A cut above: As Prof Graham Fieggen demonstrated, South African neurosurgeons have been pushing the envelope in their field.
Even in a field as technically and technologically demanding as neurosurgery, and one in which most innovations hail from Europe and the US, South Africans are blazing new paths.
That's not too startling, said Professor Graham Fieggen, the Helen and Morris Mauerberger Professor of Neurosurgery in UCT's Division of Neurosurgery, when he delivered his inaugural address in August. As Fieggen indicated in his lecture, Brain Matters: Neurosurgery in a developing country, the earliest records of surgery on the brain were found in North Africa. These are 10 000-year-old skulls bearing the marks of trephination - in which holes are made in the skull of a living person - and the papyrus on which Imhotep (the Egyptian physician who lived in the 27th century BC) recorded injuries of the spine and head. In the case of these injuries, Imhotep (considered by some to be possibly the greatest of all physicians) would prescribe that no action be taken, on the grounds that it would be futile.
Not so the treatments of Cape Town neurosurgeons at Groote Schuur and the Red Cross Children's Hospitals in recent years, declared Fieggen.
Take for example their work in the area of traumatic brain injury (TBI), very common in South Africa. "It is not widely appreciated that trauma is the number one cause of death for South Africans between the ages of four and 18, and more than half of these deaths are due to brain injury," said Fieggen. "One can summarise this data in the simple but appalling statement that the risk for a South African child of dying from a head injury is eight times that of his counterpart in the USA."
But with some clinical and management interventions, Fieggen reported, Red Cross has reduced its mortality rate for TBI (which stood at over 40% in the 1990s) to around 25% in 2005 and, today, to 10%. They pulled off this remarkable feat through three innovations - the practice of the once-controversial technique of decompressive craniectomy, in which surgeons remove part of the skull to make space for a swelling brain; consolidating the various intensive care units at the hospital into a single unit; and finally, by introducing multimodal monitoring of the brain, ie monitoring the recovery of an injured brain using a number of indicators rather than just one.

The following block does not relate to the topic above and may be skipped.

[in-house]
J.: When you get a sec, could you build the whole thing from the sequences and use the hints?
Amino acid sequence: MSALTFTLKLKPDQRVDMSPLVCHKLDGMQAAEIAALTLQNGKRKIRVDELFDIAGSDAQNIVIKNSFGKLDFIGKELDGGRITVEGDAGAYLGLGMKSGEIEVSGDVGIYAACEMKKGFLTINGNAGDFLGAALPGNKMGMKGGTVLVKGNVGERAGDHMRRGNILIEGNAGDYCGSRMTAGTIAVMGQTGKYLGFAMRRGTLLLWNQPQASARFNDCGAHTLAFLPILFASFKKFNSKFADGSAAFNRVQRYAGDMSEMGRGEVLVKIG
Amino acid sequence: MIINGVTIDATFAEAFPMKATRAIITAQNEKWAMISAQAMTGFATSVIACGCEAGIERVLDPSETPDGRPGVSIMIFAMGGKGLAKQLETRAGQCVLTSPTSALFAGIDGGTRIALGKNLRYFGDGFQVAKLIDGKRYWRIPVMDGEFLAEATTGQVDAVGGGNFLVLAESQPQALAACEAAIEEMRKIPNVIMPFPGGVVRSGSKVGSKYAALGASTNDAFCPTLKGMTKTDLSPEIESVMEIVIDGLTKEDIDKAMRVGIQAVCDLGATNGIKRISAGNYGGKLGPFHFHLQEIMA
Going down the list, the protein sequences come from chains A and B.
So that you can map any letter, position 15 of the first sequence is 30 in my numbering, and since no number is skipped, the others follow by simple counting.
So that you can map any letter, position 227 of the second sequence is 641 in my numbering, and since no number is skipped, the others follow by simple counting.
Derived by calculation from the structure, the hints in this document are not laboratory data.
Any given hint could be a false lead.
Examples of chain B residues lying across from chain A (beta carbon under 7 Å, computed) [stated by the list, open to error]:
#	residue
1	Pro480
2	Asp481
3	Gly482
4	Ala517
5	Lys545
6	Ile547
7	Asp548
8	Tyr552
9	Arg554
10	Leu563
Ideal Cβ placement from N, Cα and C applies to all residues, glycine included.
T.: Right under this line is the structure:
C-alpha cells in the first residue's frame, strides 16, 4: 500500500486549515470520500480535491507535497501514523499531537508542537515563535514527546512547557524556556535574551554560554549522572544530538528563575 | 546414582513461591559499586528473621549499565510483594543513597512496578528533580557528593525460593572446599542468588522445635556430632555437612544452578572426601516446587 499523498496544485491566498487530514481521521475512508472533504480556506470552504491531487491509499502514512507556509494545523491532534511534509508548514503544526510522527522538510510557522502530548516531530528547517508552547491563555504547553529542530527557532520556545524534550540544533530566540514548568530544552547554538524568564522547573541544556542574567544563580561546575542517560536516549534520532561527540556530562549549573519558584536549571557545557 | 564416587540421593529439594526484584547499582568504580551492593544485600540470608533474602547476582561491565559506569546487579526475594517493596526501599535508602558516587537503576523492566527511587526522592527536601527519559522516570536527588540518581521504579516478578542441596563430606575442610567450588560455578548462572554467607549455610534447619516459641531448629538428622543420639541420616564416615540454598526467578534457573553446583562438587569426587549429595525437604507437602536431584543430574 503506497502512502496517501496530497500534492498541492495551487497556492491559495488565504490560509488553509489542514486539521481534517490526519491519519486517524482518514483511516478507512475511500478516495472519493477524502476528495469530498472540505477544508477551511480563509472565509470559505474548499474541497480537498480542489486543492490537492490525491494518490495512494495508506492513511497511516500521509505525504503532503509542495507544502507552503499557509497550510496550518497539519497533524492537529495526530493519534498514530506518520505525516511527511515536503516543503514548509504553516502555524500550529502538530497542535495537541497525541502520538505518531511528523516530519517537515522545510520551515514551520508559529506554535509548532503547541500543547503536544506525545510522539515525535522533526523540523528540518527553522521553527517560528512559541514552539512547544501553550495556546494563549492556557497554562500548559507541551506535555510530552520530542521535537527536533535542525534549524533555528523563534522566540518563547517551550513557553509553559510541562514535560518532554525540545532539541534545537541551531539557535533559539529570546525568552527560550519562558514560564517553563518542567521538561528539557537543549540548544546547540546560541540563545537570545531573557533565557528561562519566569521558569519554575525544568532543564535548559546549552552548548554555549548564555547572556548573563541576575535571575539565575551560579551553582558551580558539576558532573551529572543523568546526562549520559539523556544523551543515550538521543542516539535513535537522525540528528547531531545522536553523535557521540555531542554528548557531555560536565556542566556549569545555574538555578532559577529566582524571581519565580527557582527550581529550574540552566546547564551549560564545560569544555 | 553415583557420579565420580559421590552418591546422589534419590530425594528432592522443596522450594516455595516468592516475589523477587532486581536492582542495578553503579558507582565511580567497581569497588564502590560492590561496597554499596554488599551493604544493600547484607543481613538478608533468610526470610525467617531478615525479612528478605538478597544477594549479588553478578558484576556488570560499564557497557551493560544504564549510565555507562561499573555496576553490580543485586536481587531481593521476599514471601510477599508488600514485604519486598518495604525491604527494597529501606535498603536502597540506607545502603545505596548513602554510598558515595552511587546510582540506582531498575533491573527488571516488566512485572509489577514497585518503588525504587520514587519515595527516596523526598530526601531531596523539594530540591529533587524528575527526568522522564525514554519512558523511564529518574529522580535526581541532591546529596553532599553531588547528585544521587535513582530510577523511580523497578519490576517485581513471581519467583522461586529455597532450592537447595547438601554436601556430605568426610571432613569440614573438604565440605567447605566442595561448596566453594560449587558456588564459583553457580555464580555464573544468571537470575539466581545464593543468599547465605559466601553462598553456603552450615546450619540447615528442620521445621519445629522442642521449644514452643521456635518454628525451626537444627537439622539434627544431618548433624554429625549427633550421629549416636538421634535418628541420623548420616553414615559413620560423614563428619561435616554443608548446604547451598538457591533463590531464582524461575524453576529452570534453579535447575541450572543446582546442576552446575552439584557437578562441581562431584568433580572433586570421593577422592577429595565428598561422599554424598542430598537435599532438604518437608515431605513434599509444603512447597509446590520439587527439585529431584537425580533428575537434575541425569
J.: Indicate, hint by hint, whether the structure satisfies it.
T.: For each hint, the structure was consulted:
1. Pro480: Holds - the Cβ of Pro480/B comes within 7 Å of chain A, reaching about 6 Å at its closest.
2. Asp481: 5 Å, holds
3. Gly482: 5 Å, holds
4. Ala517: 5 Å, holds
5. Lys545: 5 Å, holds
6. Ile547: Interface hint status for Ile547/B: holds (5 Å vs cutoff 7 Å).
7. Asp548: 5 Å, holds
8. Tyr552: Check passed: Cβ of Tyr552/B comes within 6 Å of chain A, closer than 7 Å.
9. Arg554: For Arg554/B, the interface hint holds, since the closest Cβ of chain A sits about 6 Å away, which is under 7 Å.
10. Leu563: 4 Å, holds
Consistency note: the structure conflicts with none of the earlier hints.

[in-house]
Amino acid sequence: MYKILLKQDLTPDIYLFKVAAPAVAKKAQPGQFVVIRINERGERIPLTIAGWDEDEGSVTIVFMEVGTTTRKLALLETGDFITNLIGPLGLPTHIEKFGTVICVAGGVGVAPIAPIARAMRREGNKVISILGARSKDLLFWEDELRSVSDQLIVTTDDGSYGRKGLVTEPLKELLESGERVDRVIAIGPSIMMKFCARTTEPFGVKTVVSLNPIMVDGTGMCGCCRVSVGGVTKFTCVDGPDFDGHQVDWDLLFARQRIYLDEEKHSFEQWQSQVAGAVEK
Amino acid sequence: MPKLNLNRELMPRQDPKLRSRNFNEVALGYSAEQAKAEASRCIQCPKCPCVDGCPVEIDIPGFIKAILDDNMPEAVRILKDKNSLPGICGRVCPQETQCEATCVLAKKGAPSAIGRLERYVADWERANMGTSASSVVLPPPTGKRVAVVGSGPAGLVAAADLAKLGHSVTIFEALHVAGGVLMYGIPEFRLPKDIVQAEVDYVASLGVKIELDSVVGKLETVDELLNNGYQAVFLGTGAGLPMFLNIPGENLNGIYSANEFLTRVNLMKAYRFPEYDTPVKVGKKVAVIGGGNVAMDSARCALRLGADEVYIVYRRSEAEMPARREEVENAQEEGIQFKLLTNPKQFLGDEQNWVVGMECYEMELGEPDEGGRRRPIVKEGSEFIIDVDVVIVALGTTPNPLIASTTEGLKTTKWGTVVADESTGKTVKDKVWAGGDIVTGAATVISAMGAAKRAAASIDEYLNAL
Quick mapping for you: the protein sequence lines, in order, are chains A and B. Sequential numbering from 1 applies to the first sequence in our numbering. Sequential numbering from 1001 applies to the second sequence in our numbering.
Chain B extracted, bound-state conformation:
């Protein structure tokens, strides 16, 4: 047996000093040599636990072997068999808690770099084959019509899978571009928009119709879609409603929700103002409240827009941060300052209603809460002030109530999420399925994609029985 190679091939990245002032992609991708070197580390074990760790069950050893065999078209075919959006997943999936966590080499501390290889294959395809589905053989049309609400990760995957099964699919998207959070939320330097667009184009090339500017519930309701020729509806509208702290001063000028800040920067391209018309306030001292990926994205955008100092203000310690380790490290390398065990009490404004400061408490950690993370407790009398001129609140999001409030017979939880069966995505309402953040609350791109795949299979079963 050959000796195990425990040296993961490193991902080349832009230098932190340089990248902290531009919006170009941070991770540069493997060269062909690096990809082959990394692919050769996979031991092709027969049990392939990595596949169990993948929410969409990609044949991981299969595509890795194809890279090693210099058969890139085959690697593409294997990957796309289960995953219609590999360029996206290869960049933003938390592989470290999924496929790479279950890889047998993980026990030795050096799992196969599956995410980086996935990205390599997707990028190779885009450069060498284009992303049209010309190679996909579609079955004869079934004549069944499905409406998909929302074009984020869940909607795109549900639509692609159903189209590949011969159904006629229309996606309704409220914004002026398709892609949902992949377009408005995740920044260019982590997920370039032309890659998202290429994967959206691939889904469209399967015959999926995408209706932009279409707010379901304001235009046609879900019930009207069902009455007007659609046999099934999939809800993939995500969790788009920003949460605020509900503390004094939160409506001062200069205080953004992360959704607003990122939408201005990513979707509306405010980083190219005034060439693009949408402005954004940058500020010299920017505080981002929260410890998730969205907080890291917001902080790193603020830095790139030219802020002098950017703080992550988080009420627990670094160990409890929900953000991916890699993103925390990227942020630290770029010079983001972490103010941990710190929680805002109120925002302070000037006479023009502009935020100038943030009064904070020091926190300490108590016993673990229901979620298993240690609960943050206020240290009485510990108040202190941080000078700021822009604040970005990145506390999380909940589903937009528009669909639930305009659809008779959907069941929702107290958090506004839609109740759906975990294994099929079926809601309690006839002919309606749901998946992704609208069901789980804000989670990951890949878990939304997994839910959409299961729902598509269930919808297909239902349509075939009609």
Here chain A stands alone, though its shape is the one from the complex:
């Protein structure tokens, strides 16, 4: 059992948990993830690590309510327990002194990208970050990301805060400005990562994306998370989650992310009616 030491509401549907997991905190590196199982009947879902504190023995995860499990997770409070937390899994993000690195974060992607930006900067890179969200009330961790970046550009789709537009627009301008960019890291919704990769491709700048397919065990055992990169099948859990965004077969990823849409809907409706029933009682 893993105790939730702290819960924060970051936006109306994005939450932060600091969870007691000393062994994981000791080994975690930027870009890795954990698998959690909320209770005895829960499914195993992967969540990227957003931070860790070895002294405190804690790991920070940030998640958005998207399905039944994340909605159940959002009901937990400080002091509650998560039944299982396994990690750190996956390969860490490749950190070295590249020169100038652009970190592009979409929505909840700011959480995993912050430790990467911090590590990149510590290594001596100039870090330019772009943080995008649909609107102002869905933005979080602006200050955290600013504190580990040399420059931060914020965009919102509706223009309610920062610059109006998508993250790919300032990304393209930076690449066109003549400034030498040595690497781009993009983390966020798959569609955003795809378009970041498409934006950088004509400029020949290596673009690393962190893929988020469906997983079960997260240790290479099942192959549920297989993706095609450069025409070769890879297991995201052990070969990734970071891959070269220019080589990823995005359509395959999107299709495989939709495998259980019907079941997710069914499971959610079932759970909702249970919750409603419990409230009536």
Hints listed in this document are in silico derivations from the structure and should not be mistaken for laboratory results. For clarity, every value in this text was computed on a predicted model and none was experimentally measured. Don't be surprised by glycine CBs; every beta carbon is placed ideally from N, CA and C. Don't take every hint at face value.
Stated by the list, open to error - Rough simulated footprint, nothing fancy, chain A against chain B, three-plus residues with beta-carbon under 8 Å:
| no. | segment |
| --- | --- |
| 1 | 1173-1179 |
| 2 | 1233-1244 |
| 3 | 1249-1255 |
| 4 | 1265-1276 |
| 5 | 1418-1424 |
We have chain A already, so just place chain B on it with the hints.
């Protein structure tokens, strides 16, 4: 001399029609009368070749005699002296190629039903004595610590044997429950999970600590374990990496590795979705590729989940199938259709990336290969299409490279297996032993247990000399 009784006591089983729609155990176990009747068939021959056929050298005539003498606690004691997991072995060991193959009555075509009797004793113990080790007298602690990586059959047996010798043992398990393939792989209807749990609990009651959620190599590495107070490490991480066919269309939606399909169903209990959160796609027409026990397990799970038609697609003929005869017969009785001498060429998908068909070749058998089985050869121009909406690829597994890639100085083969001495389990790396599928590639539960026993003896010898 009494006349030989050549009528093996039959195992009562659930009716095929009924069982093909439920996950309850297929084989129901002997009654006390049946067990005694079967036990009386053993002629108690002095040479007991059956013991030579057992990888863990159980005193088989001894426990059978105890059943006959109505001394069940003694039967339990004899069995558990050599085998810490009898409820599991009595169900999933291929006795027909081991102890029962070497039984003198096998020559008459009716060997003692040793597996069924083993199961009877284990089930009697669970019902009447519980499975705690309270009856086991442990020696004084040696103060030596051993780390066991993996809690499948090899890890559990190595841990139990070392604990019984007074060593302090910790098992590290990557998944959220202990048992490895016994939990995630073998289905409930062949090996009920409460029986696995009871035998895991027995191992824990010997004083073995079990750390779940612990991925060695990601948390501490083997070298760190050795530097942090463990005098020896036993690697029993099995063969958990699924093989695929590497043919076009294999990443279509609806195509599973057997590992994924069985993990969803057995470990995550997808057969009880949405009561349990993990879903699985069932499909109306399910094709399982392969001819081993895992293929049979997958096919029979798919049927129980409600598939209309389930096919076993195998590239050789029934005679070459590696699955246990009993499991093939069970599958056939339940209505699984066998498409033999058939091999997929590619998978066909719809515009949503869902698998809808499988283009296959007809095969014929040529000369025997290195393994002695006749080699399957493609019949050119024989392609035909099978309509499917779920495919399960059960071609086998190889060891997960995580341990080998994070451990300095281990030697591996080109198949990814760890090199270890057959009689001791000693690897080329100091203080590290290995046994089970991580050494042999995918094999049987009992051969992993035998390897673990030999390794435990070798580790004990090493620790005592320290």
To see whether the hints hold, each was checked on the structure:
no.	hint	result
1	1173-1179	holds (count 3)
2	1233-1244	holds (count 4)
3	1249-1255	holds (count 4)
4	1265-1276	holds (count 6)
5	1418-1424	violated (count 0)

In addition, South African neurosurgeons at these hospitals have been making breakthroughs in the treatment of epilepsy through hemispherectomies, in which an entire hemisphere of the brain is removed or disconnected. And in the treatment of spasticity, which afflicts children with cerebral palsy, they've recorded notable successes with a procedure known as selective dorsal rhizotomy, in which selected nerve roots in the spinal cord are severed.
These and other examples illustrate the role that neurosurgeons do and can play in Africa, said Fieggen. But there are obstacles - the shortage of trained neurosurgeons, poor infrastructure, linguistic and cultural barriers, and the lack of research funding among them. On the other hand, UCT and other South African institutions are doing their bit to swell the ranks of neurosurgeons on the continent by providing training to doctors from other countries, and scientists are developing technology that is appropriate to conditions in Africa.
Things are also looking up in the Western Cape and at UCT, said Fieggen. The province boasts a high-functioning healthcare system and a number of well-respected experts, collaborations are afoot between the public and private sectors, and there are cross-fertilisation opportunities because of the UCT Private Academic Hospital sitting on the doorstep of training facility Groote Schuur Hospital. These factors bode well for the future of neurosurgery at the university and in the region, noted Fieggen.
"This will enable us to retain and grow the expertise we currently enjoy; develop the state-of-the-art infrastructure we need in terms of clinical space, imaging, operating theatres and even shared academic space; ensure we can train colleagues adequately; and serve as a springboard for translational research, as well as nurturing a greater interest in basic neuroscience research."
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